An article from EdSource this week highlights the work of The Aspen Institute’s National Commission on Social, Emotional and Academic Development. The 25-member commission of prominent figures in education, business and government is advancing an agenda to integrate social and emotional learning (SEL) into classroom curriculum.
For teachers who might be wondering exactly what this looks like, the Greater Good Science Center (GGSC) published an article this week describing how trainers at the GGSC summer education institute wove SEL skills into existing subject-specific lessons at the elementary, middle school and high school level. The GGSC team acknowledged that teachers and administrators already feel that there is not enough time to deliver subject-area material. The purpose of the exercise is to show how SEL can enhance subject-area lessons without cutting into already packed schedules.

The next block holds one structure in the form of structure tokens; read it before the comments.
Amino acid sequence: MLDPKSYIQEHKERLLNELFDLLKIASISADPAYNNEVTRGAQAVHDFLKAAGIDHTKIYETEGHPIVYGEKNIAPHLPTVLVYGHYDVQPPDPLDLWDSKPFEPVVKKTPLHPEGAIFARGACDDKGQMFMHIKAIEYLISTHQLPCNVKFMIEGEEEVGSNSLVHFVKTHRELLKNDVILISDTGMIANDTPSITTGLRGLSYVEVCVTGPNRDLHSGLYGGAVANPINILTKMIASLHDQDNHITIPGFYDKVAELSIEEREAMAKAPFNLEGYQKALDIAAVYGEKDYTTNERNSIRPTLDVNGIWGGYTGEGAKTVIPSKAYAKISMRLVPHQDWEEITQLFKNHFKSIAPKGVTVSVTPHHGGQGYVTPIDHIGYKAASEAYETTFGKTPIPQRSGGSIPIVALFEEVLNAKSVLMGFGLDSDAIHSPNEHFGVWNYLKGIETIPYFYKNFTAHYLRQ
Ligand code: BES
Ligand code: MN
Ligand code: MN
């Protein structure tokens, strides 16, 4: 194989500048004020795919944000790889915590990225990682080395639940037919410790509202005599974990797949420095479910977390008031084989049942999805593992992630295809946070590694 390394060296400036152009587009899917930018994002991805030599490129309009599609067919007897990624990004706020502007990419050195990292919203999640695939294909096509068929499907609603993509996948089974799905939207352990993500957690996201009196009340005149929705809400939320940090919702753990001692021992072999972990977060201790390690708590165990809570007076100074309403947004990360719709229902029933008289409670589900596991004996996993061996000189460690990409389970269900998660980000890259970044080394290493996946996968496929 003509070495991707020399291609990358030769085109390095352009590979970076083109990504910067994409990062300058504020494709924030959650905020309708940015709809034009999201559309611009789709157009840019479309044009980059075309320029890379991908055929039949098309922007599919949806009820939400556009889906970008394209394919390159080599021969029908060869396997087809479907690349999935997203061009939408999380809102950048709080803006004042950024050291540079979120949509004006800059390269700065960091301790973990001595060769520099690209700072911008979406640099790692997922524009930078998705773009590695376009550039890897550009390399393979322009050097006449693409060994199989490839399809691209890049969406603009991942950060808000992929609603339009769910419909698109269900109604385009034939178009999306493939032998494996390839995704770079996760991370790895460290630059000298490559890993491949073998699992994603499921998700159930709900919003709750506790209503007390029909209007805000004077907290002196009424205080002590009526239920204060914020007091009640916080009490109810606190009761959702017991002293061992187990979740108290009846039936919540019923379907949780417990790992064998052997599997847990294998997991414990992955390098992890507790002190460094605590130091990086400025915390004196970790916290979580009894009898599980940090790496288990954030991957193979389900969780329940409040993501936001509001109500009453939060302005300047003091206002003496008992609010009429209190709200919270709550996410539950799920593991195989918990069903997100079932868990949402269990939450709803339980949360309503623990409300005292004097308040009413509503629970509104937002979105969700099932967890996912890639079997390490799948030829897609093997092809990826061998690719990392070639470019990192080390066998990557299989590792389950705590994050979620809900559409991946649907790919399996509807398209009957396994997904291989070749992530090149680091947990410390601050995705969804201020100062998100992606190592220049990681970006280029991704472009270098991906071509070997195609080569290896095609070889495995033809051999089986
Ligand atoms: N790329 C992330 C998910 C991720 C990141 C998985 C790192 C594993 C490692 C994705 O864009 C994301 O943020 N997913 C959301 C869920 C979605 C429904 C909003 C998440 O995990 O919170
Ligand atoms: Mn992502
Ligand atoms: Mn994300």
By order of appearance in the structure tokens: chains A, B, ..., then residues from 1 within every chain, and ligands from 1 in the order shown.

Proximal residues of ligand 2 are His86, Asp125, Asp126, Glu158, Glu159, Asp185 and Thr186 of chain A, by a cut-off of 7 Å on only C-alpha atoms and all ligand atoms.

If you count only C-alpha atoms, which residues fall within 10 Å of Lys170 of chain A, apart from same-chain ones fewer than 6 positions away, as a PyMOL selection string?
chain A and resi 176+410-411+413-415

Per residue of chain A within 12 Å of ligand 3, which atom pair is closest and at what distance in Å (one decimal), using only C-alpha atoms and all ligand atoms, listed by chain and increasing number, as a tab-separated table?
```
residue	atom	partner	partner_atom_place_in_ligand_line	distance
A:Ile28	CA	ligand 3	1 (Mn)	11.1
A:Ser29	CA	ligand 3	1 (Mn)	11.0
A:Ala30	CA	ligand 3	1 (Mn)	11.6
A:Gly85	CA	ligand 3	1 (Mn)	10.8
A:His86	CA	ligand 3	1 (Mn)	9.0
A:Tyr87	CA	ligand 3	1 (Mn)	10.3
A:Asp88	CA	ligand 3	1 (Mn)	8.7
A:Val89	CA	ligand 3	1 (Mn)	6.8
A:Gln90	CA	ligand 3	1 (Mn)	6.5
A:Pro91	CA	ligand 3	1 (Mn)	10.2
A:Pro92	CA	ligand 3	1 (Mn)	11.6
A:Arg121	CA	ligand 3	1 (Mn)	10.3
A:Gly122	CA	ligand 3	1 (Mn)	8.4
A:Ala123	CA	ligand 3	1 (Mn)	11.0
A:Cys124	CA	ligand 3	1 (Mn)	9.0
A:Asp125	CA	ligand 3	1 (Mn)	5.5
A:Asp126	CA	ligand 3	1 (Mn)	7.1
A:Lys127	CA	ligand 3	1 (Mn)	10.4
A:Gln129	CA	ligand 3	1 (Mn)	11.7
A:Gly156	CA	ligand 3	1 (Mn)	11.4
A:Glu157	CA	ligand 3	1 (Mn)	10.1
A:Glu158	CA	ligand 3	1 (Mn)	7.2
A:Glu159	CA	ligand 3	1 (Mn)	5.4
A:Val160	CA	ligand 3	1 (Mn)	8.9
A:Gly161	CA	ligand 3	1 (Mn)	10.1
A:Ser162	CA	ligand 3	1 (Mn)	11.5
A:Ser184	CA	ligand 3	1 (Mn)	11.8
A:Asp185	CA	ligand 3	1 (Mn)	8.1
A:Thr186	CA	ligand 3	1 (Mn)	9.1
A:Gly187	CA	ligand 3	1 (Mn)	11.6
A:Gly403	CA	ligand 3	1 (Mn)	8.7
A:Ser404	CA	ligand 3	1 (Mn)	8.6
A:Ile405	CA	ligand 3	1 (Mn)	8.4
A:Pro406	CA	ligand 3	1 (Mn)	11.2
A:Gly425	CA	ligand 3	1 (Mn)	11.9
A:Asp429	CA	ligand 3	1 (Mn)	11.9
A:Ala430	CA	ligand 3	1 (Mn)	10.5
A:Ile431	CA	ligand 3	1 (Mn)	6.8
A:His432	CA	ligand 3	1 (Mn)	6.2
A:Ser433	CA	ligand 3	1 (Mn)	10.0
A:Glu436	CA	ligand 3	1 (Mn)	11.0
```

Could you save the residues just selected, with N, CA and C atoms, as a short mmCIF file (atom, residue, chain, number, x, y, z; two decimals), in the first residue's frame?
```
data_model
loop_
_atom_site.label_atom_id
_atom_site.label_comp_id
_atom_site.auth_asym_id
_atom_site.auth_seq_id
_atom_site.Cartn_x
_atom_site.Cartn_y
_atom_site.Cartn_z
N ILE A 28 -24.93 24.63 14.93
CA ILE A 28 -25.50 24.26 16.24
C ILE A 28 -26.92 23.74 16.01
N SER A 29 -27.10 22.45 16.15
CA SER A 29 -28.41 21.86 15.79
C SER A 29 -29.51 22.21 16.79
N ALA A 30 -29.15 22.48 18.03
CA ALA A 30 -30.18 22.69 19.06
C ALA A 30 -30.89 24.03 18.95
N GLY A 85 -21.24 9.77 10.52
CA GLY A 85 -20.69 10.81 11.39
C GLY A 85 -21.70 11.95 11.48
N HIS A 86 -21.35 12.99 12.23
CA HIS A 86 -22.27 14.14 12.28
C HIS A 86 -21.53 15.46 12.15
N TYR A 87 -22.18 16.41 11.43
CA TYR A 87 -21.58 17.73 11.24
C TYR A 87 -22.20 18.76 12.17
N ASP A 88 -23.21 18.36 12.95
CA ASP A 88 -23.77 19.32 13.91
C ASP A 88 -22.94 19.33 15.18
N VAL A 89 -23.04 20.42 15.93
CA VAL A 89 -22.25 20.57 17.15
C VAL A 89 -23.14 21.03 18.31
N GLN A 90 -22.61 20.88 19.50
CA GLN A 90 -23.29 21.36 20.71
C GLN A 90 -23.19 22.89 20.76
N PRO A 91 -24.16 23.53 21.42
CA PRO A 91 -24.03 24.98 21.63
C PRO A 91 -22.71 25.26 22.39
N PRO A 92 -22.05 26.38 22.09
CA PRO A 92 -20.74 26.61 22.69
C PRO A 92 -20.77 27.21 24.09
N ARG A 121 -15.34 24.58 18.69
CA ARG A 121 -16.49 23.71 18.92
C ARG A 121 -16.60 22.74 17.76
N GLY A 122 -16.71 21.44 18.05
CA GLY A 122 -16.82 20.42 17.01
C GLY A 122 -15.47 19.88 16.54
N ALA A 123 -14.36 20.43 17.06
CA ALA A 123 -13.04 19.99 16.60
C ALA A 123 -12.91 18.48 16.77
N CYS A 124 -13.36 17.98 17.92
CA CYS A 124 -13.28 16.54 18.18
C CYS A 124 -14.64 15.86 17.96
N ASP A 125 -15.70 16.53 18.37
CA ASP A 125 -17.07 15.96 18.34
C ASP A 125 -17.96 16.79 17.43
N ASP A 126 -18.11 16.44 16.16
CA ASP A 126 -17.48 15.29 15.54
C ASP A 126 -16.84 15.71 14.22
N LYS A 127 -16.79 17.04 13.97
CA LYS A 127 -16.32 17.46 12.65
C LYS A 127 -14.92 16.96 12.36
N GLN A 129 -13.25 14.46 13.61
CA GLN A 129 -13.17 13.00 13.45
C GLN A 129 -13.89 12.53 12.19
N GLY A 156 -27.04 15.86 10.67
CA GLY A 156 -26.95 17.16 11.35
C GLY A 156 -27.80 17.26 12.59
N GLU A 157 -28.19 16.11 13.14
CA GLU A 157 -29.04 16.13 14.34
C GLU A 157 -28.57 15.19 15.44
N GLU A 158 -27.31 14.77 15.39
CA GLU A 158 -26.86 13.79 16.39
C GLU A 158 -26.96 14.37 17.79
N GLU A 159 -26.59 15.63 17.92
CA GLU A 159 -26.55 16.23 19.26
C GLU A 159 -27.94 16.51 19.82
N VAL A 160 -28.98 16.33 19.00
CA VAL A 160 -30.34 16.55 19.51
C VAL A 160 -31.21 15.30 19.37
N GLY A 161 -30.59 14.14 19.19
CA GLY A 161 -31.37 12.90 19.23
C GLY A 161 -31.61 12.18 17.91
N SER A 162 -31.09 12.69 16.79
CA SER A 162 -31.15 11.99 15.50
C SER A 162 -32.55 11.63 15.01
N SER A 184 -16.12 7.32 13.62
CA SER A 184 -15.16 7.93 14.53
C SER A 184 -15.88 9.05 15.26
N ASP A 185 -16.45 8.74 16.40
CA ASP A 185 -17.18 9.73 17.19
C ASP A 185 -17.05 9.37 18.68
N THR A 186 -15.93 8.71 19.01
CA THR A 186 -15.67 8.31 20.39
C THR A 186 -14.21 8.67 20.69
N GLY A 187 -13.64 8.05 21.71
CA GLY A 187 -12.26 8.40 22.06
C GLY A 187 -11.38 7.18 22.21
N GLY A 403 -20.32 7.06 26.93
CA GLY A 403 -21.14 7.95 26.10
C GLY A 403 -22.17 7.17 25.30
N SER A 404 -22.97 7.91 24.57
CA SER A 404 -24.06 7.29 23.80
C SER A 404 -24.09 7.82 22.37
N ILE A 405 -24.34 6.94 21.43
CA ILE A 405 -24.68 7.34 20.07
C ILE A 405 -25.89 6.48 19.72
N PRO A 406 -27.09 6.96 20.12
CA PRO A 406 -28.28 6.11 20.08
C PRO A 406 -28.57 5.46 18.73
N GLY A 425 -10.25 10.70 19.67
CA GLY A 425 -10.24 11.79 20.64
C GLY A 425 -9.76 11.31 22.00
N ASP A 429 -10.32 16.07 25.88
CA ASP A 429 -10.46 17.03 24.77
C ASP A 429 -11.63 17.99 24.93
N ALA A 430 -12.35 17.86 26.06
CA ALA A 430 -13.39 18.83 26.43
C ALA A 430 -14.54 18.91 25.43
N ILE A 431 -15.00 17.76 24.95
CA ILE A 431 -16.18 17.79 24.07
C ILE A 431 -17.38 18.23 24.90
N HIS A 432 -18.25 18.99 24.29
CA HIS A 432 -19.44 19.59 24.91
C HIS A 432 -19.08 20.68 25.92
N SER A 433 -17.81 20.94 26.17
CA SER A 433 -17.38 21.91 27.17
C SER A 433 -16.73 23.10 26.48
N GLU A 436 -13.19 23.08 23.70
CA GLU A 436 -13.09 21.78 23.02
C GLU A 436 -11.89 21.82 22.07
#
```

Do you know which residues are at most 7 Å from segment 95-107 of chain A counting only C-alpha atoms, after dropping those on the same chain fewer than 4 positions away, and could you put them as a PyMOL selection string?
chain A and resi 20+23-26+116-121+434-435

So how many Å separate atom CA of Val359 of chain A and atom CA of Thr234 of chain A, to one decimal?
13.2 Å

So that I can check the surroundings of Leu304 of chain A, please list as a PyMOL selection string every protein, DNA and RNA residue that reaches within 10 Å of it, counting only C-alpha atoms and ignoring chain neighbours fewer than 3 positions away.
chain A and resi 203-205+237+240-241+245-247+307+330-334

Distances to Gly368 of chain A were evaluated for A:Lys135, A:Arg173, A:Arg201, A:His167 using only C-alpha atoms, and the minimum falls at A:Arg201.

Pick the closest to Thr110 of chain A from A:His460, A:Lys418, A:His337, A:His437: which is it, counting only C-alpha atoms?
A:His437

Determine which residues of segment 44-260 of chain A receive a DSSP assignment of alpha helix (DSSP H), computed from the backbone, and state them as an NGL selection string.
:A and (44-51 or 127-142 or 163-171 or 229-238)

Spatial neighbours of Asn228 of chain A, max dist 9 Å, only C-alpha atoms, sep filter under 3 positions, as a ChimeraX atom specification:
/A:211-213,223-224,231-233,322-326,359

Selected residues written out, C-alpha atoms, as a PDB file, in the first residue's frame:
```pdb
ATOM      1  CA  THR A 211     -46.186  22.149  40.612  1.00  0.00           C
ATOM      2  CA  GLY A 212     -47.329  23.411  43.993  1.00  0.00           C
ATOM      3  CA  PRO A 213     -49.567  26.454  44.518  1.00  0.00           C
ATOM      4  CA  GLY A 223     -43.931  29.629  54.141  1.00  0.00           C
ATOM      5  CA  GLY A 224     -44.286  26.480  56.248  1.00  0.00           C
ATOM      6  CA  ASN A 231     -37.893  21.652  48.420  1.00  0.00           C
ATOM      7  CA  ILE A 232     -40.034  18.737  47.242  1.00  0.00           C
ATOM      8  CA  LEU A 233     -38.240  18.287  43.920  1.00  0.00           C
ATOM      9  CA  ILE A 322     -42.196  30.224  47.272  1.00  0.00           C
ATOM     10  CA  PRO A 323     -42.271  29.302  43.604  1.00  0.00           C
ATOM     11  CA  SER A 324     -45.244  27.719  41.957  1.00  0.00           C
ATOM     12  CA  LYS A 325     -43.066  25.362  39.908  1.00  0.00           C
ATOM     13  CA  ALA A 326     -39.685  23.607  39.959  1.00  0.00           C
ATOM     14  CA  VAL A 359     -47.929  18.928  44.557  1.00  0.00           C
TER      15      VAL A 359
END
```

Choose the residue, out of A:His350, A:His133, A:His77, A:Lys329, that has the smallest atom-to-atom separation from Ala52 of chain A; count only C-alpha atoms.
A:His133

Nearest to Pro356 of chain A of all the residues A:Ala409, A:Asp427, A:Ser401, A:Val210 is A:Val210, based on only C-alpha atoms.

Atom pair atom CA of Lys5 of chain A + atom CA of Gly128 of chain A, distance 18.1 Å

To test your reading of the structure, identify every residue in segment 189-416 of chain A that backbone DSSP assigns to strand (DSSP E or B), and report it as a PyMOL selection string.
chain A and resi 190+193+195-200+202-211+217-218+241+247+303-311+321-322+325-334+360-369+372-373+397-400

To me, the big takeaway here is that integrating SEL into lessons does not need to be a large, time-consuming “overhaul” of the curriculum. Rather, it’s a steady reorientation of what educators prioritize when we interact with youth. An SEL approach means paying close attention to how we interact with youth, how youth interact with each other, and how their learning contributes to a healthier, more harmonious global society.